Denny's may be a 62-year-old brand, but it's one that understands the Internet. The restaurant chain's snarky online persona, crafted by Erwin Penland, has kept its brand awareness high. But what do you do when you want to shake things up? Denny's, which branded itself as America's diner, decided to anthropomorphize its 38-year-old signature dish, the Grand Slam breakfast.
Launched last fall, the Web series, The Grand Slams, put facial features on a pancake, an egg, sausage and bacon. And it seems to be working for the brand (with 13 episodes, the series has 15.8 million views).
"We wanted to take our iconic dish and add that personality of Denny's and make something entertaining for the millennial generation," said Denny's chief marketing officer John Dillon. "It's something that's a little bit off-center, but [the characters are] really reacting to the relevant pop culture. It's what people talk about in a diner booth."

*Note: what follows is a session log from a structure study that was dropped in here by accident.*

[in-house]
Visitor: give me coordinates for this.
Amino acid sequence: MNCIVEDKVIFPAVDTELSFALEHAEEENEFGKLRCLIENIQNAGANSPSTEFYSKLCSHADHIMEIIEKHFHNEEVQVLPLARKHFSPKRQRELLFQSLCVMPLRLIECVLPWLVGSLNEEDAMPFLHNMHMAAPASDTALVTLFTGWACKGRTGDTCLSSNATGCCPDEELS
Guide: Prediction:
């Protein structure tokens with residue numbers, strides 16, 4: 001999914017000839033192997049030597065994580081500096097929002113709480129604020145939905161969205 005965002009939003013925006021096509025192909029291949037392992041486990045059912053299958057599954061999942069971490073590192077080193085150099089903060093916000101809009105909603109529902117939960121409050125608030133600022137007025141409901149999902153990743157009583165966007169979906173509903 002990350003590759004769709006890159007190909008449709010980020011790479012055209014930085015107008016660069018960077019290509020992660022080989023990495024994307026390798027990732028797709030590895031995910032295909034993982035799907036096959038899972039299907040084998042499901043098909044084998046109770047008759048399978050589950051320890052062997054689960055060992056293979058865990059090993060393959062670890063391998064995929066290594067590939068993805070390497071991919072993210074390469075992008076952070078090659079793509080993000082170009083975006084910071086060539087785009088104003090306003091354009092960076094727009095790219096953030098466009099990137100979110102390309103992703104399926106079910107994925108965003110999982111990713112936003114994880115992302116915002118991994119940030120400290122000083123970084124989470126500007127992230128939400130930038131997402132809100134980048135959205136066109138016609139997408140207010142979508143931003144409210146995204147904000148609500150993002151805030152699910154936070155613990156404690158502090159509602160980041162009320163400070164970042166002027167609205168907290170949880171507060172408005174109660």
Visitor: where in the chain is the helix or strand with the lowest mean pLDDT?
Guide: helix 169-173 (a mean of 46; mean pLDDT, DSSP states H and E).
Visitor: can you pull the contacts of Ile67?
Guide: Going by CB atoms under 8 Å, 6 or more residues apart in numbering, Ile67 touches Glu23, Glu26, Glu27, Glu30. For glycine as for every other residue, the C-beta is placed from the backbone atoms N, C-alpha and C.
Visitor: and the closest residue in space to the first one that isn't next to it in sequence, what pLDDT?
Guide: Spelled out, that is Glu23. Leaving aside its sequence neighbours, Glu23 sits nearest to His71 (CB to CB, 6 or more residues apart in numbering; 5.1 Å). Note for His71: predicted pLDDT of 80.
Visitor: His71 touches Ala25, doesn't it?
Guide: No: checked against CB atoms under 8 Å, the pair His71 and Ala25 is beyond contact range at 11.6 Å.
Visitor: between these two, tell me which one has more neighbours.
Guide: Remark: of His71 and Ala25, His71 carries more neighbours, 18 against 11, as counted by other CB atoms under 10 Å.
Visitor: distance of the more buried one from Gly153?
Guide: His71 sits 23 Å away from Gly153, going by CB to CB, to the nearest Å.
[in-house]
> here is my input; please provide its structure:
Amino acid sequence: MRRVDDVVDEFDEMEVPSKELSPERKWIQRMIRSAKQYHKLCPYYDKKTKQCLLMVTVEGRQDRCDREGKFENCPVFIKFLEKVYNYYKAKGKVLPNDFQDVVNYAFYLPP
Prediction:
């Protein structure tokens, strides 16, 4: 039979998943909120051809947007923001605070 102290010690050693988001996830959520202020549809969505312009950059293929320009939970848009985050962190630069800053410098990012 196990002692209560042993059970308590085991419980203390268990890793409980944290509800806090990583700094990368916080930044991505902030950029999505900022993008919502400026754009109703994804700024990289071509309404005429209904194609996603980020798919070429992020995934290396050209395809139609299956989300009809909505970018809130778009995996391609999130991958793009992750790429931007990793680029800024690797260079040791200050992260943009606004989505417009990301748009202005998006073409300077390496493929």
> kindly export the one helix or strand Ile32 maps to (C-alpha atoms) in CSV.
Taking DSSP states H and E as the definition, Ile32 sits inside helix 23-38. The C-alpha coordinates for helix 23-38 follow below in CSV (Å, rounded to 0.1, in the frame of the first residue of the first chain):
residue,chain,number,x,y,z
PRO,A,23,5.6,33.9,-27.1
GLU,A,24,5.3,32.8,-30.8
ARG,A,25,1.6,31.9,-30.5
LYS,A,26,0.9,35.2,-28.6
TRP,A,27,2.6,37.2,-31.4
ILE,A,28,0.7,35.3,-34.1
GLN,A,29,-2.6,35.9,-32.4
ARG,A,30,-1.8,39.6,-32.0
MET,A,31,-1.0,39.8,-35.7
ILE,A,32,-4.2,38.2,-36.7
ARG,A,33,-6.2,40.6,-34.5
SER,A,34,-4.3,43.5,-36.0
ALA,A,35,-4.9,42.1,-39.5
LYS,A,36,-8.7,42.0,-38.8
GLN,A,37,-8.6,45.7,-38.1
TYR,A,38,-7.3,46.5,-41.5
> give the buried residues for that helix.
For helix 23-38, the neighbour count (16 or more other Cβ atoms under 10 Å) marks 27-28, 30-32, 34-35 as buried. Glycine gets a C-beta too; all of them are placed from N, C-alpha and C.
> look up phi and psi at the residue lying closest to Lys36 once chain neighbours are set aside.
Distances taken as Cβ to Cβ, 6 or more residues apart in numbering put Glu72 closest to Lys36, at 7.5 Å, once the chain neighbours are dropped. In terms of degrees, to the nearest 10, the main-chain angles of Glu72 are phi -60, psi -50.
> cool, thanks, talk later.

Erwin Penland partnered with Stoopid Buddies Studios, the shop behind Robot Chicken, for The Grand Slams. This month, the brand added a partnership with 20th Century Fox for Fantastic Four, so in recent episodes, The Grand Slams got a superhero makeover.
"The Grand Slam—Denny's most iconic item—has been around so long that you almost feel like you know the Grand Slam as a person," said Con Williamson, chief creative officer at Erwin Penland. "We just started playing with it. It's almost like we're playing with our food."
By making the Web series about its product, Denny's has found a way to be culturally relevant without being overly branded, according to Dillon.
"We don't have to put the product in there, because they are the product," said Williamson.